This page is based on the document 'Description of the Bink File Format' by Mike Melanson at http://multimedia.cx/bink-format.txt.
- Extenstions: bik
- Company: RAD Game Tools
- Samples: http://samples.mplayerhq.hu/game-formats/bink/, countless video games
Bink files are multimedia files used in a variety of video games, both on personal computers platforms and video game consoles. The files act as containers for data compressed with the proprietary Bink video and audio codecs. Bink multimedia files are known to bear the .bik extension.
This description is known to be incomplete.
All multi-byte numbers are stored in little endian format.
Bink files commence with a 44-byte header which is laid out as follows. Audio information follows the main header. If there are zero audio tracks, then the headers are omitted.
bytes 0-2 file signature ('BIK') byte 3 Bink Video codec revision (0x62, 0x66, 0x67, 0x68, 0x69; b,f,g,h,i respectively) bytes 4-7 file size not including the first 8 bytes bytes 8-11 number of frames bytes 12-15 largest frame size in bytes bytes 16-19 number of frames again? bytes 20-23 video width (less than or equal to 32767) bytes 24-27 video height (less than or equal to 32767) bytes 28-31 video frames per second dividend bytes 32-35 video frames per second divider bytes 36-39 video flags bits 28-31: width and height scaling 1 = 2x height doubled 2 = 2x height interlaced 3 = 2x width doubled 4 = 2x width and height-doubled 5 = 2x width and height-interlaced bytes 40-43 number of audio tracks (less than or equal to 256) for each audio track two bytes unknown two bytes audio channels (1 or 2). Not authoritative, see flags below. for each audio track two bytes audio sample rate (Hz) two bytes flags bit 15: unknown (observed in some samples) bit 14: unknown (observed in some samples) bit 13: stereo flag bit 12: Bink Audio algorithm 1 = use Bink Audio DCT 0 = use Bink Audio FFT for each audio track four bytes unknown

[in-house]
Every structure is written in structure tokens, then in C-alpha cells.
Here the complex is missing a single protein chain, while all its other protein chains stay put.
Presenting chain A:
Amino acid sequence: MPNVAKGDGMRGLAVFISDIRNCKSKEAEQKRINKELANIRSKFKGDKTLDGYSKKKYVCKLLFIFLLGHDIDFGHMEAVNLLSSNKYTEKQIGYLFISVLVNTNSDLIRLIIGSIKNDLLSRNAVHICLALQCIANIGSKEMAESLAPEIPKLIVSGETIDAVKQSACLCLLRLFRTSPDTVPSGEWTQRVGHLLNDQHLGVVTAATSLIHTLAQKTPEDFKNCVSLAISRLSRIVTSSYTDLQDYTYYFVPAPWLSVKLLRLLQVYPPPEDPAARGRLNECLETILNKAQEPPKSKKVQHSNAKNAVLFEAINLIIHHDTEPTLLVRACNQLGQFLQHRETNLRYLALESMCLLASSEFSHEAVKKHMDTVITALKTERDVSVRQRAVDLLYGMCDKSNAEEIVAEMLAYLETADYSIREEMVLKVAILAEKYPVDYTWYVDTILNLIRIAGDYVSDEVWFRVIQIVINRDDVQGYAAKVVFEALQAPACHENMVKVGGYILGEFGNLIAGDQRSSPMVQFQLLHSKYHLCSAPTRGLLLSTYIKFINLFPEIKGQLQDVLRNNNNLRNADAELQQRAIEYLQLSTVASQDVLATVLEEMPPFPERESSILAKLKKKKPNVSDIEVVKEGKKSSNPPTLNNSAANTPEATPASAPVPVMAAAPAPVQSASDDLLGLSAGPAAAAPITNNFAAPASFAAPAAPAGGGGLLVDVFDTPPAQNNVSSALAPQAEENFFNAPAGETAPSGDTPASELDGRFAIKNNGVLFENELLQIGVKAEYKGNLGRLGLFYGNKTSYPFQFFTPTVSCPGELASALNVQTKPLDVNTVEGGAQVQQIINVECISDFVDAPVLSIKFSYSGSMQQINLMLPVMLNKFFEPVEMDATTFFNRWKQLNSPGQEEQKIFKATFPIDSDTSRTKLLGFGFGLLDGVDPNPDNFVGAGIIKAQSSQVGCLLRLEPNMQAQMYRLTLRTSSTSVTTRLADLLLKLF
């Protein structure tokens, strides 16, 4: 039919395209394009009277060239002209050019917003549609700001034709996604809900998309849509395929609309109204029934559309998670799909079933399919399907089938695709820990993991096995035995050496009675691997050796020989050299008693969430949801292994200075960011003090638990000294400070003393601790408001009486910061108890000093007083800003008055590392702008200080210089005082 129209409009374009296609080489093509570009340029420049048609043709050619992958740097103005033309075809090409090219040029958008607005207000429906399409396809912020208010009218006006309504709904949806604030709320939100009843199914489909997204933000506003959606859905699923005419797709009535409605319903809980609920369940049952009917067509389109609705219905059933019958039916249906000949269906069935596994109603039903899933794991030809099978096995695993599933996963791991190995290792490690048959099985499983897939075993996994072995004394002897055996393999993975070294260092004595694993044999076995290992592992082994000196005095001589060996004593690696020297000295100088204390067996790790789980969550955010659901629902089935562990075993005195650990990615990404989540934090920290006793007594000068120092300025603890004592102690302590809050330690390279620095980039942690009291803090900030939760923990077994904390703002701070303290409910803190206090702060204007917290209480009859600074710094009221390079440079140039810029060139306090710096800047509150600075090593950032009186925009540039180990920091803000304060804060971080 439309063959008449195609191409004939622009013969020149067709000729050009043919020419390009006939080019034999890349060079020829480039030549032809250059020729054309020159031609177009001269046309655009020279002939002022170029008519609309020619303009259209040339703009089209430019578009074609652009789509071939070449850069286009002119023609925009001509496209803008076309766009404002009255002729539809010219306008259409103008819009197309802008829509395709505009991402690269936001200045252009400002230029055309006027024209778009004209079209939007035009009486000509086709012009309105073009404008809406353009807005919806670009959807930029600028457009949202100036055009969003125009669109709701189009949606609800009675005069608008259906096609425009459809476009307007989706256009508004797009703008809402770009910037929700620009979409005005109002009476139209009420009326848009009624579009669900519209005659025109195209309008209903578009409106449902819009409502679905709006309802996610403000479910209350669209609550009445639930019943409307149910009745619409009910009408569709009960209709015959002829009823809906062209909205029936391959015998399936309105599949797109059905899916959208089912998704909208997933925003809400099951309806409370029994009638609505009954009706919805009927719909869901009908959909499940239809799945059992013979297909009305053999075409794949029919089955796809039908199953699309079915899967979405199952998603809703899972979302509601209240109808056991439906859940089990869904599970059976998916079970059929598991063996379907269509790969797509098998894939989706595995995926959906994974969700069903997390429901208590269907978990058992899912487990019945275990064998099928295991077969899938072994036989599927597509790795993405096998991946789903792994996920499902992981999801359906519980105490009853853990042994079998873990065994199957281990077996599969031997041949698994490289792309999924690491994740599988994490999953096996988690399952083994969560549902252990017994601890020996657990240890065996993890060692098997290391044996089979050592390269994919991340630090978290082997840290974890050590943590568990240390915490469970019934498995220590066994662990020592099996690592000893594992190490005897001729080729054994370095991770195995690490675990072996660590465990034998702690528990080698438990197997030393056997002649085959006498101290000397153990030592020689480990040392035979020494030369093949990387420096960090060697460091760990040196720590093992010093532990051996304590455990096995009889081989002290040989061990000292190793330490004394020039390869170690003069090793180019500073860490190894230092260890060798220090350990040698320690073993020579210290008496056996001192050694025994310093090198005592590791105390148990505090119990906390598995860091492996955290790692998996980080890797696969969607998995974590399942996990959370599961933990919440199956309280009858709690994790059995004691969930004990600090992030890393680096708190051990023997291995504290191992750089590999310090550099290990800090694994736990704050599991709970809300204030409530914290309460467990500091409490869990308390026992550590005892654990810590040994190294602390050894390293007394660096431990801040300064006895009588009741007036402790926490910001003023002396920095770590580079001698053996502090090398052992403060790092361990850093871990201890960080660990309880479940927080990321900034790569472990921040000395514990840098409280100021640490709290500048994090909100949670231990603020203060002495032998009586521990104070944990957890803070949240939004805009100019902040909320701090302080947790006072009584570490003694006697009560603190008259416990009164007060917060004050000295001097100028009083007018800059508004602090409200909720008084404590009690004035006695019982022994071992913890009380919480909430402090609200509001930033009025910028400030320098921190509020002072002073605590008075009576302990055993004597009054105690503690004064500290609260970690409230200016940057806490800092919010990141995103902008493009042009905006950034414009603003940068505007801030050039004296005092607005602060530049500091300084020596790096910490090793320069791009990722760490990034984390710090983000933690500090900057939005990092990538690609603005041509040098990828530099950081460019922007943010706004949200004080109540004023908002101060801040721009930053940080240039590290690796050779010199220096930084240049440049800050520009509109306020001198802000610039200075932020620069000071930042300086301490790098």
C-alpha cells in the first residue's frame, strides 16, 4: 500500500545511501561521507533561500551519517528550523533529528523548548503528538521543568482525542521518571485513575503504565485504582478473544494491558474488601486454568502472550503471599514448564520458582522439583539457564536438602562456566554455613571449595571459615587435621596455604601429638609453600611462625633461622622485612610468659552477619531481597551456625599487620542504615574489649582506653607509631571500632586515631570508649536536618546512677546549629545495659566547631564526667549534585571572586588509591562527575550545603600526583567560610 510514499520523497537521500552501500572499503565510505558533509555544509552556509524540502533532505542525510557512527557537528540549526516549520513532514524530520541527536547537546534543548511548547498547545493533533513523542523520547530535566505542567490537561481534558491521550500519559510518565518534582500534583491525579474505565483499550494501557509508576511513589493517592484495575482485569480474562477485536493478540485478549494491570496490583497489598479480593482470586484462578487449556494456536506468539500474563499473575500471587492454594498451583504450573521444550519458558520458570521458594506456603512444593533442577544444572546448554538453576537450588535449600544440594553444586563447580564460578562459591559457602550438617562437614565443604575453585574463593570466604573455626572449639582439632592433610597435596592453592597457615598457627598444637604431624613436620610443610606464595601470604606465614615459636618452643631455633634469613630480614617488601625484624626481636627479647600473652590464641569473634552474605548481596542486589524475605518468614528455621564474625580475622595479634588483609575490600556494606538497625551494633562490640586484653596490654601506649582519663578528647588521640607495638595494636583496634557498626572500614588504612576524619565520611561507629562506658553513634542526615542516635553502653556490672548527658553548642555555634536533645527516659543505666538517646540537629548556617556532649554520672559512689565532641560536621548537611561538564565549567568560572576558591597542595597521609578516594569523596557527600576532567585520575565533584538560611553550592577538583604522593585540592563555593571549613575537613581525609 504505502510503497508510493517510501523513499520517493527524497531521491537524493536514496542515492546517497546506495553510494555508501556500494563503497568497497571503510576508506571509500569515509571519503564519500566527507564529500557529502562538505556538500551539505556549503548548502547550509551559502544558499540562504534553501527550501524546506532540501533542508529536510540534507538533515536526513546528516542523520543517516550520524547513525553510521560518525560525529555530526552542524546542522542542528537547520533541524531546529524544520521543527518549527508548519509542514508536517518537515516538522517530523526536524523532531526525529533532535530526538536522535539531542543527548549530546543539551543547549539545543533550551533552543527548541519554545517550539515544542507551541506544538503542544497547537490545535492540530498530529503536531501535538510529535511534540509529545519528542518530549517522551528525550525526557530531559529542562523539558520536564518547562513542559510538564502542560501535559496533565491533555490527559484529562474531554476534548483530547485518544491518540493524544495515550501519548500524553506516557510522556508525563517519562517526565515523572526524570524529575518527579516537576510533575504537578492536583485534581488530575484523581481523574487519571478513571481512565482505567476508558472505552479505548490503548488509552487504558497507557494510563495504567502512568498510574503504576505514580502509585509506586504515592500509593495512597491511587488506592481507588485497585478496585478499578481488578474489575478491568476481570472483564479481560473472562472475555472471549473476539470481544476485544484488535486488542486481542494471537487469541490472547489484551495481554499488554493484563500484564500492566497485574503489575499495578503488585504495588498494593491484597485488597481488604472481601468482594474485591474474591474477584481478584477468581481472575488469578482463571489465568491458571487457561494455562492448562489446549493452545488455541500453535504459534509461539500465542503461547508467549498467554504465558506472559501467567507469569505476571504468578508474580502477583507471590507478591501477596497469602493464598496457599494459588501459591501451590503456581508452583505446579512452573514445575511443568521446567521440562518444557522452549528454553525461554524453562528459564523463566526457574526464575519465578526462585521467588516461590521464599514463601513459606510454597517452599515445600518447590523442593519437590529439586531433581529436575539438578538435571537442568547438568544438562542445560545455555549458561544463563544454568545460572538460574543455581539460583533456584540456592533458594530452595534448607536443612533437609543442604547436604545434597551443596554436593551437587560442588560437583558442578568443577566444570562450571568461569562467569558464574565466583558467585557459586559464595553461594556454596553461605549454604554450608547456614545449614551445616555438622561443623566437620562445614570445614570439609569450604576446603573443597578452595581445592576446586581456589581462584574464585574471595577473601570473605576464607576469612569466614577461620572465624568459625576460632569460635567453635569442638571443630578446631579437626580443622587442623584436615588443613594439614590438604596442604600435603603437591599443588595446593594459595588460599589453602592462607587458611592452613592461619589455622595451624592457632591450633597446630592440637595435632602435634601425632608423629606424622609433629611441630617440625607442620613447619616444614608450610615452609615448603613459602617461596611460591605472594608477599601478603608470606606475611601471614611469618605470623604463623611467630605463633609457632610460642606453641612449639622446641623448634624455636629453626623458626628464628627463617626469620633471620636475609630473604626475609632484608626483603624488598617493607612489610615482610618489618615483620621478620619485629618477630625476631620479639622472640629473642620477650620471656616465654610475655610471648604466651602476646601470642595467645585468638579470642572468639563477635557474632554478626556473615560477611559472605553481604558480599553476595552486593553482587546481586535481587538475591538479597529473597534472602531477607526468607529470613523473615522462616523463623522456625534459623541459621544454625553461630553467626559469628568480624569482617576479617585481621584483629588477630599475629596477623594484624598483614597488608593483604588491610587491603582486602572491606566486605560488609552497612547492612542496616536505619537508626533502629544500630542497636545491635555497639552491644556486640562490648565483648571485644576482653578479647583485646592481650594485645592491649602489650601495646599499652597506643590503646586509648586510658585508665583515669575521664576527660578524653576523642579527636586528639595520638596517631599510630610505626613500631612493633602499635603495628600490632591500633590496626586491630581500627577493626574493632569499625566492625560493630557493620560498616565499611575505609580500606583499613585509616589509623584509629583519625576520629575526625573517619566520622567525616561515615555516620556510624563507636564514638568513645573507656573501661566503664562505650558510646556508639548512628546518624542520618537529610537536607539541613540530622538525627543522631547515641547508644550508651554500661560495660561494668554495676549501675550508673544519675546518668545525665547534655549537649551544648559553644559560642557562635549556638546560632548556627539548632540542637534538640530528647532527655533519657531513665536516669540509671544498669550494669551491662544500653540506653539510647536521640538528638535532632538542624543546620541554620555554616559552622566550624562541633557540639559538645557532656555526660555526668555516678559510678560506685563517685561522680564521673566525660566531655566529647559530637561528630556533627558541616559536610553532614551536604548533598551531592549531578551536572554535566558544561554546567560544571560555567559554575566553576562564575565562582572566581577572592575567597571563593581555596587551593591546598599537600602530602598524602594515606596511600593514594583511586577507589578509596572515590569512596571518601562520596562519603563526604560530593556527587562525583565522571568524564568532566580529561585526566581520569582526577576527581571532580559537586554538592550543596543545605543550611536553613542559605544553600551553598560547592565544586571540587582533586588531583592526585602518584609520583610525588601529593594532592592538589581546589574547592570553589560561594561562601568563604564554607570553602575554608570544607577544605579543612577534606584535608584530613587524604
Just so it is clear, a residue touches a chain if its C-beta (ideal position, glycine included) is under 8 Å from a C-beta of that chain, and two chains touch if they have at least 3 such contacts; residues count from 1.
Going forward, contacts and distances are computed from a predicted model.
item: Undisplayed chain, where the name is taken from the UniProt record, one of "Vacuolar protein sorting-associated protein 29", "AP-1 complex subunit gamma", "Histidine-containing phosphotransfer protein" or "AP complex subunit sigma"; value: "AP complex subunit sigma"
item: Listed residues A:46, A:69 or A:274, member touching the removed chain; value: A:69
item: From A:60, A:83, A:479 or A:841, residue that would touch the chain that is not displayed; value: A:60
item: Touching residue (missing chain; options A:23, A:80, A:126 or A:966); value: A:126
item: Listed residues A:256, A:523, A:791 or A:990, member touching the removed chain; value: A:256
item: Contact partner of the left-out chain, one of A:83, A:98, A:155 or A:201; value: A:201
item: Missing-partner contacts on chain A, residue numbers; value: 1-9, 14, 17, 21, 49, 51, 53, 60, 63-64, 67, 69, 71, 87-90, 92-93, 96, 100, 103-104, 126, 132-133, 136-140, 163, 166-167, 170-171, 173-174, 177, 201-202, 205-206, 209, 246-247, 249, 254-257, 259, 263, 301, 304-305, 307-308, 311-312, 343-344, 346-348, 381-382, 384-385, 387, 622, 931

The audio track flags are similar to those defined for the Smacker AudioRate flags.
Following the header is a frame index table. The number of entries in the table is equal to the number of frames specified in the header. Each entry consists of a 32-bit absolute offset for that frame. There is no length information provided in the table, so the length of a sample is implicitly the difference between frame offsets, and the size of the file (for the very last frame). The absolute offset for the first entry in the table is often, but not always, offset by -1. Data for the first frame always begins immediately after the table, so the first entry in the table can be considered redundant.
Each frame contains (optional) audio and video data. Bytes 12-15 (largest frame size) probably exist to provide the playback application with the largest single buffer it will have to allocate. The layout of each frame is as follows:
for each audio track four bytes length of audio packet (bytes) plus four bytes. A value of zero indicates no audio is present for this track. four bytes number of samples in packet variable length Bink Audio packet variable length Bink Video packet
Bink data can be contained in exe files. To find where to start decoding search in the file for one of 4 id's:
'fKIB' 'gKIB' 'hKIB' 'iKIB'
Note that this is BIK value is in machine order (therefore appears backwards for x86 binaries).
Revision b is found in Heroes of Might and Magic 3, but is not supported by any of the tools published by RAD Game Tools.